TAMIL NADU

The Bofors trail

THE TRIAL IN the Bofors deal, involving alleged illegal payoffs (to the tune of Rs. 64 crores) by the Swedish gun manufacturer to different arms dealers (and middlemen who had nothing to do with the arms trade), has been delayed once again. True, the Supreme Court Bench had only applied the law and provisions in the Criminal Procedure Code when it stayed the proceedings in the CBI Special Court and held that the trial of the Hinduja brothers shall not be initiated until the question as to whether the CBI was right in prosecuting them without having obtained clearance from the Central Vigilance Commission (CVC) was resolved. The requirement to obtain clearance from the CVC before initiating prosecution is indeed a provision in law to ensure that the investigating agency is not abused for partisan political gains.

It is another matter that the Hinduja brothers have managed to drag the investigation and the trial for so long since 1993 — ever since it emerged that the documents concerning the payments made by the Swedish gun manufacturer into coded Swiss bank accounts also consisted of papers pertaining to three coded accounts (Tulip, Lotus and Mont Blanc) that belonged to them — by mounting legal challenges one after another. The stay granted by the Supreme Court now (over-ruling the July 12 judgment by the same court allowing the trial to continue) would mean that the trial, slated to begin on December 4, 2002, will now be put off by several months until the apex court delivers its verdict on the CBI's plea to go ahead without the sanction from the CVC. Now that the Supreme Court has directed listing of the case (involving the procedural disputes) to March 11, 2003, the Hinduja brothers — Srichand, Gopichand and Prakash — have a reprieve.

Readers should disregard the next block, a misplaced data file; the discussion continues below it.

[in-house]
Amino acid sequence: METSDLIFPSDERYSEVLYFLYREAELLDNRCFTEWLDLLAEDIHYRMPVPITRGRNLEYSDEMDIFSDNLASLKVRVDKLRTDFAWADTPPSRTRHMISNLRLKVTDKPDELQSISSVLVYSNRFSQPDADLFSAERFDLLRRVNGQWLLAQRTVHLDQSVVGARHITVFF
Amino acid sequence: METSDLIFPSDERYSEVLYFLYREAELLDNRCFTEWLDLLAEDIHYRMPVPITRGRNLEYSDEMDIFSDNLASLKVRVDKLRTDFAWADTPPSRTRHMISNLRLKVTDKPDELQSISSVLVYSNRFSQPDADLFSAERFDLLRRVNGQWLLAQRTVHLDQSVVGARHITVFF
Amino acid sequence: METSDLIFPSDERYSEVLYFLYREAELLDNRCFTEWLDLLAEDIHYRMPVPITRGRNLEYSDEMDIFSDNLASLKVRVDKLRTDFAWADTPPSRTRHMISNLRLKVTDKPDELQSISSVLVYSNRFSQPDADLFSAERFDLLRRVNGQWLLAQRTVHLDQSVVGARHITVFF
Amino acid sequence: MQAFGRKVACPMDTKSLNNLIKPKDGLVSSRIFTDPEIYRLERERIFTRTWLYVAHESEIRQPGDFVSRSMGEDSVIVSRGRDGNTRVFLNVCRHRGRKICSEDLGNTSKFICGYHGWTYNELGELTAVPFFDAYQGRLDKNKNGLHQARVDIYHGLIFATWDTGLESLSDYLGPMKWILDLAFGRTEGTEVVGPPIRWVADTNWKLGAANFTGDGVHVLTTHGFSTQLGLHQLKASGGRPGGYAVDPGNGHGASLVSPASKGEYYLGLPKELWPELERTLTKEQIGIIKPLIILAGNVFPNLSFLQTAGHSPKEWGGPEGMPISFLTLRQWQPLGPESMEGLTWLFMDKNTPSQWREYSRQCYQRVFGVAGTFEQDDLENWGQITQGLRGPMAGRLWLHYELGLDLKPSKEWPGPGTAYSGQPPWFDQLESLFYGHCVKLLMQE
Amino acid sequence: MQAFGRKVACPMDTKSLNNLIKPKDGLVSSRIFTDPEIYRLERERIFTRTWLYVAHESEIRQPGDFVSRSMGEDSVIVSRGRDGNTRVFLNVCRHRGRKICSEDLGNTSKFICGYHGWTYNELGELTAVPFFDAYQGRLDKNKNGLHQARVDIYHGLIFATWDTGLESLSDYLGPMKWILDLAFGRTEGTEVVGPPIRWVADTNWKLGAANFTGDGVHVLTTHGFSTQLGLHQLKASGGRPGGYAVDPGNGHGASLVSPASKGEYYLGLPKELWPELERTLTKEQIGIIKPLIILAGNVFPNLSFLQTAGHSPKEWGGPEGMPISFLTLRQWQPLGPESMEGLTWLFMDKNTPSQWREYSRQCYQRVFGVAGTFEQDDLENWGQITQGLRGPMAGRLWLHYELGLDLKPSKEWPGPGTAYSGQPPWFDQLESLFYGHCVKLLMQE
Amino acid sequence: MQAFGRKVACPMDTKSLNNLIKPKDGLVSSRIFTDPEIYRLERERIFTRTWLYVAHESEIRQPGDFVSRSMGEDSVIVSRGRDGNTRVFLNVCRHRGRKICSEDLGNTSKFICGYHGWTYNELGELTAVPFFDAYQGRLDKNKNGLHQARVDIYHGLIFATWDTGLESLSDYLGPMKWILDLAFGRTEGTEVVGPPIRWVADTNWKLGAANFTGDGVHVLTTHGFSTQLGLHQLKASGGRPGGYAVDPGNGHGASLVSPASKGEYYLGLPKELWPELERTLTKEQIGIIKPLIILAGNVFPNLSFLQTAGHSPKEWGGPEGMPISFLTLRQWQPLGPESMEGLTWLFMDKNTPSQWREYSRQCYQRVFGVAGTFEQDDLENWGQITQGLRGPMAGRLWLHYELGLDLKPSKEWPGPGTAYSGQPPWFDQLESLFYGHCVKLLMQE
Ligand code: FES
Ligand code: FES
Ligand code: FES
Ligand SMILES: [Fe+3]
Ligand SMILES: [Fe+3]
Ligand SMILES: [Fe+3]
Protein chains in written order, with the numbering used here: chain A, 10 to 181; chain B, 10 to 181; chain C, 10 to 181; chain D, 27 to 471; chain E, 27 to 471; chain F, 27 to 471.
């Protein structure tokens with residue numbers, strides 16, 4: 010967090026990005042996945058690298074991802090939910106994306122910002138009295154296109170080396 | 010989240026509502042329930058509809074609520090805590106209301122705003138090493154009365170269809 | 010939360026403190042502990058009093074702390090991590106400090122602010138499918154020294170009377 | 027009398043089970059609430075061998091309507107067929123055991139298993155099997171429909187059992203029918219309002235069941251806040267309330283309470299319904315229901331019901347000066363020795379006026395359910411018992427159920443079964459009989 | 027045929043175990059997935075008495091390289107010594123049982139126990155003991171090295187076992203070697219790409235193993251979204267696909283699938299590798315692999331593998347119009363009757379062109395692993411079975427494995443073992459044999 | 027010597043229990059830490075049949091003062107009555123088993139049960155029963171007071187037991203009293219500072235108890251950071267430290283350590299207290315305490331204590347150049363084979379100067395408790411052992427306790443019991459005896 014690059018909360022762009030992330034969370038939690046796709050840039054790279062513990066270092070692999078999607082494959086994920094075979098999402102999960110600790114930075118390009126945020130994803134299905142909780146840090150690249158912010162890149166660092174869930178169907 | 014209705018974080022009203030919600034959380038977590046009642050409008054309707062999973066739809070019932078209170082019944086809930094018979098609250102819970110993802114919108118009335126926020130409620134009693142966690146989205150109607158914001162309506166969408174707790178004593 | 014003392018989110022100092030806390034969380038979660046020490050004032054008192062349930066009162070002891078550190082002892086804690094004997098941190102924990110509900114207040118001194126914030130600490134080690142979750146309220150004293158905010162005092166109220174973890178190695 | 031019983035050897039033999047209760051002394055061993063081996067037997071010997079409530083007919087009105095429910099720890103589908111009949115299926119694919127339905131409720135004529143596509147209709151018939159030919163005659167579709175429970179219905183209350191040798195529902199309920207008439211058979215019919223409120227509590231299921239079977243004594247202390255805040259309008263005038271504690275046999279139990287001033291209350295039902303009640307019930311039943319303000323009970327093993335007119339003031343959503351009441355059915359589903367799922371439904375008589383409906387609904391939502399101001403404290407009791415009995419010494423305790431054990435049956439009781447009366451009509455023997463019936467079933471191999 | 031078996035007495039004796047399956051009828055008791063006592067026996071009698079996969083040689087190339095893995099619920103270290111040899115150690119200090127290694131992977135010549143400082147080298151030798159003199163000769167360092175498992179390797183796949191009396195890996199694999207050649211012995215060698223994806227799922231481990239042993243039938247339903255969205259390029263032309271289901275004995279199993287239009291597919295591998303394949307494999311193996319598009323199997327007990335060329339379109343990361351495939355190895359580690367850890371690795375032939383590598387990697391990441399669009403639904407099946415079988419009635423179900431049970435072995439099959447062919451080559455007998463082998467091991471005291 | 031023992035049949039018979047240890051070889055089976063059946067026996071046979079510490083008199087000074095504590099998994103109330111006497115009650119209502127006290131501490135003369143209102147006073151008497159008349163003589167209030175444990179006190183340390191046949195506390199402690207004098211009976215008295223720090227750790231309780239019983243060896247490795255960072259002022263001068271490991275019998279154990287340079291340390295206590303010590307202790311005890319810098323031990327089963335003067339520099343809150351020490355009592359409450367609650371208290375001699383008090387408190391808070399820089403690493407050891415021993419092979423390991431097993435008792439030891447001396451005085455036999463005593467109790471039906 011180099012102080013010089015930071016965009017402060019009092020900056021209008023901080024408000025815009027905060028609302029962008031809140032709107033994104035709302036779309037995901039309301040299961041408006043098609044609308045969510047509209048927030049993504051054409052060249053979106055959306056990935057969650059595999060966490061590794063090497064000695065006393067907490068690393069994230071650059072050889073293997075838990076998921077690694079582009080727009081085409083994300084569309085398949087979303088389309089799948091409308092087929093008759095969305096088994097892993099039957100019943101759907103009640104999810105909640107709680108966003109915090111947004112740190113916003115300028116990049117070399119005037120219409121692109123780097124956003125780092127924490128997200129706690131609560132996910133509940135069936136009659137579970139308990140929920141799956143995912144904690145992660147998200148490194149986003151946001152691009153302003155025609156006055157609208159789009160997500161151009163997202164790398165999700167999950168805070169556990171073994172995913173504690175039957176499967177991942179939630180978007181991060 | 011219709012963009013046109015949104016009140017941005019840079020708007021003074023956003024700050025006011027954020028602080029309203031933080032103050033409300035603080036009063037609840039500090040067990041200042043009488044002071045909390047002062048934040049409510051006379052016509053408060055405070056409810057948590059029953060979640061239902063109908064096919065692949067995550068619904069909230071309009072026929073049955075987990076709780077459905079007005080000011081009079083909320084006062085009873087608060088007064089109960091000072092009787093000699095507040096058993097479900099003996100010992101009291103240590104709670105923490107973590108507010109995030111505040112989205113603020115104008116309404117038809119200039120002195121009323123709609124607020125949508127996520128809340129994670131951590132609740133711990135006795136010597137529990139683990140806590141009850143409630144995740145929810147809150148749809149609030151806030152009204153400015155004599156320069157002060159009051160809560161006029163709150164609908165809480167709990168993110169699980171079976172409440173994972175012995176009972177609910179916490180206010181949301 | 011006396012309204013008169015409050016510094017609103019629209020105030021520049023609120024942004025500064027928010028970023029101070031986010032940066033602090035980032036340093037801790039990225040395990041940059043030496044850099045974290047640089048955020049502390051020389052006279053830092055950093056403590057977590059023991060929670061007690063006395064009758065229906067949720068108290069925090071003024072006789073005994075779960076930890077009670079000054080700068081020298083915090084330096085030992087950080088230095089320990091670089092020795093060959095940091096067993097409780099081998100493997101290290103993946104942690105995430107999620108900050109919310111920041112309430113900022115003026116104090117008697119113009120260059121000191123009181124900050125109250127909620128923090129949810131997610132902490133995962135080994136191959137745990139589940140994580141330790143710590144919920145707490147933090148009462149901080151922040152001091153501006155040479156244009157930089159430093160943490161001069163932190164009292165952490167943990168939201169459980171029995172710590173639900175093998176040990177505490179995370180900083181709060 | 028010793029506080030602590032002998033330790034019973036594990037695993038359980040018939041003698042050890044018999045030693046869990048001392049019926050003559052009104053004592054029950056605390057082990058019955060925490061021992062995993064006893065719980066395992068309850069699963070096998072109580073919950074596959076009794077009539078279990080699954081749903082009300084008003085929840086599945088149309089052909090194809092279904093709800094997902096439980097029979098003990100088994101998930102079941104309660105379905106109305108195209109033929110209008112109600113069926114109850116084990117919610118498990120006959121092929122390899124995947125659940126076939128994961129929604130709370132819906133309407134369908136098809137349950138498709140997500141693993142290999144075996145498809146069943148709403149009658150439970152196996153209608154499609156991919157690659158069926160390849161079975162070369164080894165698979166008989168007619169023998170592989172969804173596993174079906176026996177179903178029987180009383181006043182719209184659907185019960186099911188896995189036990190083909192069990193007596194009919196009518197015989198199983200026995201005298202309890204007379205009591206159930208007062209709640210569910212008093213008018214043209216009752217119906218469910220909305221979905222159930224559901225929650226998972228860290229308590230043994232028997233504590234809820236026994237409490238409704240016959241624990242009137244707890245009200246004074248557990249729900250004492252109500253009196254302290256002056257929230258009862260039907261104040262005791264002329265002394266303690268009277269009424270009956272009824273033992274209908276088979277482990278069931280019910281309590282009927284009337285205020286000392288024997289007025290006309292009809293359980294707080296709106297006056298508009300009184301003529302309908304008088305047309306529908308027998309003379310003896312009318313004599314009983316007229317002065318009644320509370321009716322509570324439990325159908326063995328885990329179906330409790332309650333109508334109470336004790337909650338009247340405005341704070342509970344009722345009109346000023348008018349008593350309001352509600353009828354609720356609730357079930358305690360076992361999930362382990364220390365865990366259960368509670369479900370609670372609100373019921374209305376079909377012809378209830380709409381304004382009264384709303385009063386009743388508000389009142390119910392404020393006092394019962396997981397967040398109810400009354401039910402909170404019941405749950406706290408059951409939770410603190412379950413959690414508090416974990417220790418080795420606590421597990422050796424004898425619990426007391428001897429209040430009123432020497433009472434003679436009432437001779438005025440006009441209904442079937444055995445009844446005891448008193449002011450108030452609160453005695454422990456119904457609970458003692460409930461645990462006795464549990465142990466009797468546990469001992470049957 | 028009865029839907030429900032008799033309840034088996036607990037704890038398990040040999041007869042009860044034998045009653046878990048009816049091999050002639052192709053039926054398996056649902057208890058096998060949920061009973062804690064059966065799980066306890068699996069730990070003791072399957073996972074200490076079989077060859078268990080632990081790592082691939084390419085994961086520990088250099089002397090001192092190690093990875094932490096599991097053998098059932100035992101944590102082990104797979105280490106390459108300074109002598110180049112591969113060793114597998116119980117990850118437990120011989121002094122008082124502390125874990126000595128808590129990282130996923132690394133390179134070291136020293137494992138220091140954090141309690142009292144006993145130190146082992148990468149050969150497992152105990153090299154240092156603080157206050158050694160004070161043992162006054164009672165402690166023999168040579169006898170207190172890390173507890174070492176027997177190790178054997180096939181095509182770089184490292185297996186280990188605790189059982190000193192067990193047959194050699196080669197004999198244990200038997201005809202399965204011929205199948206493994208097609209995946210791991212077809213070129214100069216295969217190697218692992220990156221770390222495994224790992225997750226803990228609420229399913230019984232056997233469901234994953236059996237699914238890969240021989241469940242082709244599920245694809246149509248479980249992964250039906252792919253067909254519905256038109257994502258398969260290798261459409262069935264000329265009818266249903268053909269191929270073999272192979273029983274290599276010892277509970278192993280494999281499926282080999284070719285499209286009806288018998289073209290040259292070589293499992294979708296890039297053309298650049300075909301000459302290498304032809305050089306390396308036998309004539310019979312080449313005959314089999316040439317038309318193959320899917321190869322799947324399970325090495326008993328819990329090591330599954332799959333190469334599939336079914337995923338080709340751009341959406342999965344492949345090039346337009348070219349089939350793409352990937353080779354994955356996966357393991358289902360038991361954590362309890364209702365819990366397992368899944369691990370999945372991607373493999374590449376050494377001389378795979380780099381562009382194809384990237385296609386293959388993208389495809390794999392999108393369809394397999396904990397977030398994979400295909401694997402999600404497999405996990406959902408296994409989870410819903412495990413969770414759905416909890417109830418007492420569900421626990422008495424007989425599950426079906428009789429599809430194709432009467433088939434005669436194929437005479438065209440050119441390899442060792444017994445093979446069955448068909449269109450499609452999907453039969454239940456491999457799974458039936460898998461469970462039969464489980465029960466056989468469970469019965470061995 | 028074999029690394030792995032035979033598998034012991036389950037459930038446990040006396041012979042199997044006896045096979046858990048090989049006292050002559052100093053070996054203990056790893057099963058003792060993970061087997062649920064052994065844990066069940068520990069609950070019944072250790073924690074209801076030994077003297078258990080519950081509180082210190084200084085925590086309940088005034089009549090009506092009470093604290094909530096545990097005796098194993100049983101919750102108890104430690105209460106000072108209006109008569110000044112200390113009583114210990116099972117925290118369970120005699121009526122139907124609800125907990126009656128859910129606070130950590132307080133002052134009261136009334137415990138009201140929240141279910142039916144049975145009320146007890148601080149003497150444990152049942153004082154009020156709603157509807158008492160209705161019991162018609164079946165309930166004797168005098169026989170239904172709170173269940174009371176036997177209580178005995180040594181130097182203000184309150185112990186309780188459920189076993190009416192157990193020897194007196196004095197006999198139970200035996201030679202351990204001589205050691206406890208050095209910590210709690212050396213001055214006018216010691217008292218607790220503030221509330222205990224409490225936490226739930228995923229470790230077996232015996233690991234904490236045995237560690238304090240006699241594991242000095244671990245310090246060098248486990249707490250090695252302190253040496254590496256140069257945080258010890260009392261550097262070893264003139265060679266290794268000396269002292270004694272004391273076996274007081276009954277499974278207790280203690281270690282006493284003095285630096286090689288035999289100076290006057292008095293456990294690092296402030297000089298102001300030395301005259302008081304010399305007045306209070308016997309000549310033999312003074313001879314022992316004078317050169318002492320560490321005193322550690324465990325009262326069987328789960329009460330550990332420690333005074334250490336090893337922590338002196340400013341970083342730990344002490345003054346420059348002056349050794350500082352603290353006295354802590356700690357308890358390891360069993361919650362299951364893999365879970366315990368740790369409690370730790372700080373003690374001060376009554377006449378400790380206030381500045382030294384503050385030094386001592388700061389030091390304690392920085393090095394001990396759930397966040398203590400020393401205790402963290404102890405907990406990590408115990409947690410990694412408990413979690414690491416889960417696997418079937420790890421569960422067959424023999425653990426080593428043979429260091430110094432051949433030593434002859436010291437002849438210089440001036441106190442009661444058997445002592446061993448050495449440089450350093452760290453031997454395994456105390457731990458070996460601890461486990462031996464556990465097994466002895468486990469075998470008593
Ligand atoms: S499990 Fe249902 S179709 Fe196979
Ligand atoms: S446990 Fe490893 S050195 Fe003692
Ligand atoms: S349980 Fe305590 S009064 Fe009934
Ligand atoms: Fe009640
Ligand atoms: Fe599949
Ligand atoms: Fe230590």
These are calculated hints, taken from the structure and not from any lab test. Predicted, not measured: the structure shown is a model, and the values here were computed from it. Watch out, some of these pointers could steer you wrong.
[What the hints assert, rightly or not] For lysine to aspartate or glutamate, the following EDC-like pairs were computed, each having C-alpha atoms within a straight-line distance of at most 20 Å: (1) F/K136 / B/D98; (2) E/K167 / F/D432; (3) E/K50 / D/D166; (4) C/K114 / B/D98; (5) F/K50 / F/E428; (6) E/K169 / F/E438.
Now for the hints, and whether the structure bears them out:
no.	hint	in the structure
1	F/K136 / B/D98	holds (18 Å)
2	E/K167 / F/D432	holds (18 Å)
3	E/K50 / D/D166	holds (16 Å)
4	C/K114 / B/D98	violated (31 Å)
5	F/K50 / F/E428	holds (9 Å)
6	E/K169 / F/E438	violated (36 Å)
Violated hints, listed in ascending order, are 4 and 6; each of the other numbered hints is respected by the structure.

The developments in the Malaysian courts too (strikingly at the same time) involving yet another alleged recipient in the Bofors payoffs case — Ottavio Quattrocchi — might fall in the same bracket. Mr. Quattrocchi too, it may be recalled, was among the appellants in the Swiss Federal Courts against transmitting documents pertaining to his coded accounts in the Swiss banks to the CBI. However, when the ruling turned out to be against his appeal and the CBI came to possess documents on the basis of which the former representative of the Italian firm, Snam Progetti, was prosecuted, Mr. Quattrocchi had managed to fly out of India and has managed to frustrate the investigation. The trial in his case too is yet to begin and with the Malaysian court rejecting the extradition plea by the CBI, the Quattrocchi trail too seems to have petered out, at least for the moment. This setback could have been avoided if only the law-enforcing agencies had shown some more seriousness during the week between July 22, 1993, (when the Swiss Courts had conveyed the names of the seven appellants in which Mr. Quattrocchi's name too figured) and July 29, 1993, (the day Mr. Quattrocchi flew off to Malaysia from New Delhi). The CBI had filed an affidavit in the Delhi High Court before that claiming to be in possession of evidence of Mr. Quattrocchi (on behalf of his AE Services) receiving illegal payments amounting to $ 7 million from the Swedish arms manufacturer in return for his help in clinching the 155 mm howitzer deal.

While these developments — particularly the stay imposed against initiating the trial against the Hindujas — are only temporary in nature and can in no way be seen as discharge or acquittal of the NRI brothers, the fact is that such long periods of delay in the legal process will contribute immensely to the building of a public perception, right or wrong, that the system is incapable of bringing the guilty to book and particularly so when those charged with corruption and other such acts are among the high and the mighty. Such a development in the Bofors case, in many ways the most important corruption case in India, is certainly not in the public interest and hence there is a need to deal with it expeditiously at least in the days to come. The ball is now before the apex court where the CBI's appeal against the High Court order quashing the chargesheets is pending disposal.

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